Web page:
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Peak "detector" to detect TIMING of peaks

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I've been wondering what sort of circuits would be used for this application, but can't find them by searching because the obvious name "peak detector" is ofcourse already applied to circuits which hold the level of a peak.

I'm looking to produce a sharp rising edge (dropping back down after some chosen short* interval) when an incoming analogue signal goes through a (local) maximum**, something which will trigger this pulse just as a rising signal starts to become a falling signal again (I can low-pass filter this incoming signal enough to avoid noise peaks giving false triggers).

*exact time to be decided, but somewhere < 20% of the typical time usually expected as the shortest plausible between peaks
**any event where a rising signal has a change in dV/dt switches sign such as to have the signal start fallig again

I'm looking to do this with generic ICs mostly, op amps and that sort of thing, not specialised single purpose chips and not building up from individual transistors either.

Can anyone suggest good search terms to find this sot of circuit, given that the word "detector" is pretty much reserved for level holding circuits rather than ones which make a logic level transition at the time of the peak.


EDIT: I've just realised I could probably do this with a differentiator circuit feeing in to a zero crossing detector, but is there a better way?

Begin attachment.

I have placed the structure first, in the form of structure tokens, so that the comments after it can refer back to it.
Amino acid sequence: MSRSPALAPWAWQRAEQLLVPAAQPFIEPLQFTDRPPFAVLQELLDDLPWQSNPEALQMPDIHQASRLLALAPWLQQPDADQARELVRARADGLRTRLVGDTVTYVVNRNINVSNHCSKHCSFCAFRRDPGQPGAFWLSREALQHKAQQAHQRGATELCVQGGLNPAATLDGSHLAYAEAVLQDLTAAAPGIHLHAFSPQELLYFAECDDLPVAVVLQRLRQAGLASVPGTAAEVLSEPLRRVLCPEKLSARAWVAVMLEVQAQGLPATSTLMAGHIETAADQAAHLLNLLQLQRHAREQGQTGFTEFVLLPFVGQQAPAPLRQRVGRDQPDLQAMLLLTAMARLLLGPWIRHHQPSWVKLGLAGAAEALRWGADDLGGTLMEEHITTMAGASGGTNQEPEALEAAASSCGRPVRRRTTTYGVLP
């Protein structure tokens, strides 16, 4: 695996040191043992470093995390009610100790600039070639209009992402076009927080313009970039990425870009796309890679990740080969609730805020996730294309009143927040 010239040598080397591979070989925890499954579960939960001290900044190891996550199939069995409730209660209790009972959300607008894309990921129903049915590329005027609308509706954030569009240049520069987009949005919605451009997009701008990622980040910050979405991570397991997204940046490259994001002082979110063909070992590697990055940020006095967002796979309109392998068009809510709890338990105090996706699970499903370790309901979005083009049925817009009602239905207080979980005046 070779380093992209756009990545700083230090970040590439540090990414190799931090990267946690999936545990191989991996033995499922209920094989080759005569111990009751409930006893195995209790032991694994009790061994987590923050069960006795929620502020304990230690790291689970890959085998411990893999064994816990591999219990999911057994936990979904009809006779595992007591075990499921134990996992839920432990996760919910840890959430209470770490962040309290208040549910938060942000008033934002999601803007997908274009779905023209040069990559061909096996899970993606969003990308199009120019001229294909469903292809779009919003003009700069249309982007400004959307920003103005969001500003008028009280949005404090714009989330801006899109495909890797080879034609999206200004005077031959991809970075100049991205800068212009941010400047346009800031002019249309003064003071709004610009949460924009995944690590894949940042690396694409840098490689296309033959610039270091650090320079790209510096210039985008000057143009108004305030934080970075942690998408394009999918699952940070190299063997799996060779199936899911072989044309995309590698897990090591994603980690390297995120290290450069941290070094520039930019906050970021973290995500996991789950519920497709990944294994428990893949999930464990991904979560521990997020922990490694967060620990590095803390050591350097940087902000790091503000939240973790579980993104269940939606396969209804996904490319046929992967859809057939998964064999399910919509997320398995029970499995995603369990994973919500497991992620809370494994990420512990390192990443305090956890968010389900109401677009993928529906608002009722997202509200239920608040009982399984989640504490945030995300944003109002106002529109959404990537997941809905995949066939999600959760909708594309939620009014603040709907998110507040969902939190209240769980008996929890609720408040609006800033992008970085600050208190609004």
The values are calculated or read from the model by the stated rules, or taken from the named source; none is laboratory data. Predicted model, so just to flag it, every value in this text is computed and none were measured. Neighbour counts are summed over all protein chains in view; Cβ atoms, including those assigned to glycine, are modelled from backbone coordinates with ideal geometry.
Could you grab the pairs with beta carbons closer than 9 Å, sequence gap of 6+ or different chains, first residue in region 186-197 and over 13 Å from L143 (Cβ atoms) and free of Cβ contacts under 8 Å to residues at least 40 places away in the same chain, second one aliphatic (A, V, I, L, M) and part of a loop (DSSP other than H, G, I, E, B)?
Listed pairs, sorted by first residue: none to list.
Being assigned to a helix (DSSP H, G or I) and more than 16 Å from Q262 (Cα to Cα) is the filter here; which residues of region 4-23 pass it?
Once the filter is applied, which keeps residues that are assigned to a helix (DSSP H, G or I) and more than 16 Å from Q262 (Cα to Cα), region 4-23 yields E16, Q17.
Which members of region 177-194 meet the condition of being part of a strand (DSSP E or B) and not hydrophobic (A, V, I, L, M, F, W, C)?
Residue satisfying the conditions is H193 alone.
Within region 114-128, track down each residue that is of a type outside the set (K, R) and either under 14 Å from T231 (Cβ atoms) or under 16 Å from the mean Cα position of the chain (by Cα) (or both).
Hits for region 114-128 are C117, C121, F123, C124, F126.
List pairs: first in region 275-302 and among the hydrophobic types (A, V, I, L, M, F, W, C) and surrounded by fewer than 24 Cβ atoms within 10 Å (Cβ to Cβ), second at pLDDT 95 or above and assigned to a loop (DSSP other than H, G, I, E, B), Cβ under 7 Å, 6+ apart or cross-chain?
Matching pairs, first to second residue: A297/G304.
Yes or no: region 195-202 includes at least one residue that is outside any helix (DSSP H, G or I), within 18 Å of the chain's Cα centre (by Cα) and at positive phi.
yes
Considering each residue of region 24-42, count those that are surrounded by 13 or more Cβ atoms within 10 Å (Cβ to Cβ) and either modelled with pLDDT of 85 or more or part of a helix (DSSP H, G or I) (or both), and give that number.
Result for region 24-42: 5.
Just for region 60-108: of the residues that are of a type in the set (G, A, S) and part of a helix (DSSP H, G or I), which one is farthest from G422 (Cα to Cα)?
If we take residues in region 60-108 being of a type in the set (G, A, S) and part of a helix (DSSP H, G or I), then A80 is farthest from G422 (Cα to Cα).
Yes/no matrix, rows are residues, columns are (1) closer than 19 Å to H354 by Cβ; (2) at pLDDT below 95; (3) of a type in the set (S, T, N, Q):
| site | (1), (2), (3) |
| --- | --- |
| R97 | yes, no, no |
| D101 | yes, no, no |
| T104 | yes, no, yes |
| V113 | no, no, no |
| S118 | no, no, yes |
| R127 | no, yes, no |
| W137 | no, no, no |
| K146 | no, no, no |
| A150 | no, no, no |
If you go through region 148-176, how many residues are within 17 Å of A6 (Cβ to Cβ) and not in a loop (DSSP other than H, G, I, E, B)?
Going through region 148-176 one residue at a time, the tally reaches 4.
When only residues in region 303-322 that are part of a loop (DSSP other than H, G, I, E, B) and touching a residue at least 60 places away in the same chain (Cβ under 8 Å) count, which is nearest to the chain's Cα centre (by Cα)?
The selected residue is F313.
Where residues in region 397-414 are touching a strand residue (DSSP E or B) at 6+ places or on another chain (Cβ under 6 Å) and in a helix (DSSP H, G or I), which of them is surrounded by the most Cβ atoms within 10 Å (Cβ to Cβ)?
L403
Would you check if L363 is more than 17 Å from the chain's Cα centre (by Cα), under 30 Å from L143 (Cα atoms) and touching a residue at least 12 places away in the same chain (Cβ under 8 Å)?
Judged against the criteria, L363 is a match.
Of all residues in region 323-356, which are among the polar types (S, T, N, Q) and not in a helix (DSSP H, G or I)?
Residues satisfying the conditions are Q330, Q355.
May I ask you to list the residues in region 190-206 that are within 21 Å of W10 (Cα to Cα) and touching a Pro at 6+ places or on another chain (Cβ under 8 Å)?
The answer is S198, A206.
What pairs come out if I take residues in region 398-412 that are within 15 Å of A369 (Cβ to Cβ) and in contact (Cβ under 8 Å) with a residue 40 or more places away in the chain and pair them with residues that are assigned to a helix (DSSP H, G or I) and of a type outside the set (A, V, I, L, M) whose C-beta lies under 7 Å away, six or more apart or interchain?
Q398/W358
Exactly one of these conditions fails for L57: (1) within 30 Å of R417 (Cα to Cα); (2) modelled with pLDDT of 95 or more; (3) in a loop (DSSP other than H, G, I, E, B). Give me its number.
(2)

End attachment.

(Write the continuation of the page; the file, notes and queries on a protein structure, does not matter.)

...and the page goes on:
David Hess:
A differentiator can be used to reveal the peak of a pulse when its output crosses zero, however differentiators are prone to noise.

A differentiator is pretty much the definition of this circuit. What you're trying to detect is the slope of zero, either by measuring the slope directly or by some indirect technique such as a peak-hold circuit followed by a comparator to detect when the present value is less than the peak.

It's problematic, as David says. You can help, bu first low-pass filtering and then differentiating. But that introduces delay. Such are the compromises you have to make when designing real-world circuits.

Is there a nice way to make a zero crossing detector which only triggers on a rising edge? So one can check the differentiator's output to detect only maximums of the original signal, not minimums? Would one have to feed in to another differentiator to take 2nd derivatives, or is there a more straightforward way? What do microcontrollers actually have inside where they've got pins which can give an interrupt specifically on a rising/falling (delete as apropriate) edge but not a falling/rising (vice-versa) edge?

MCU interrupt can be triggered by only one specific edge.


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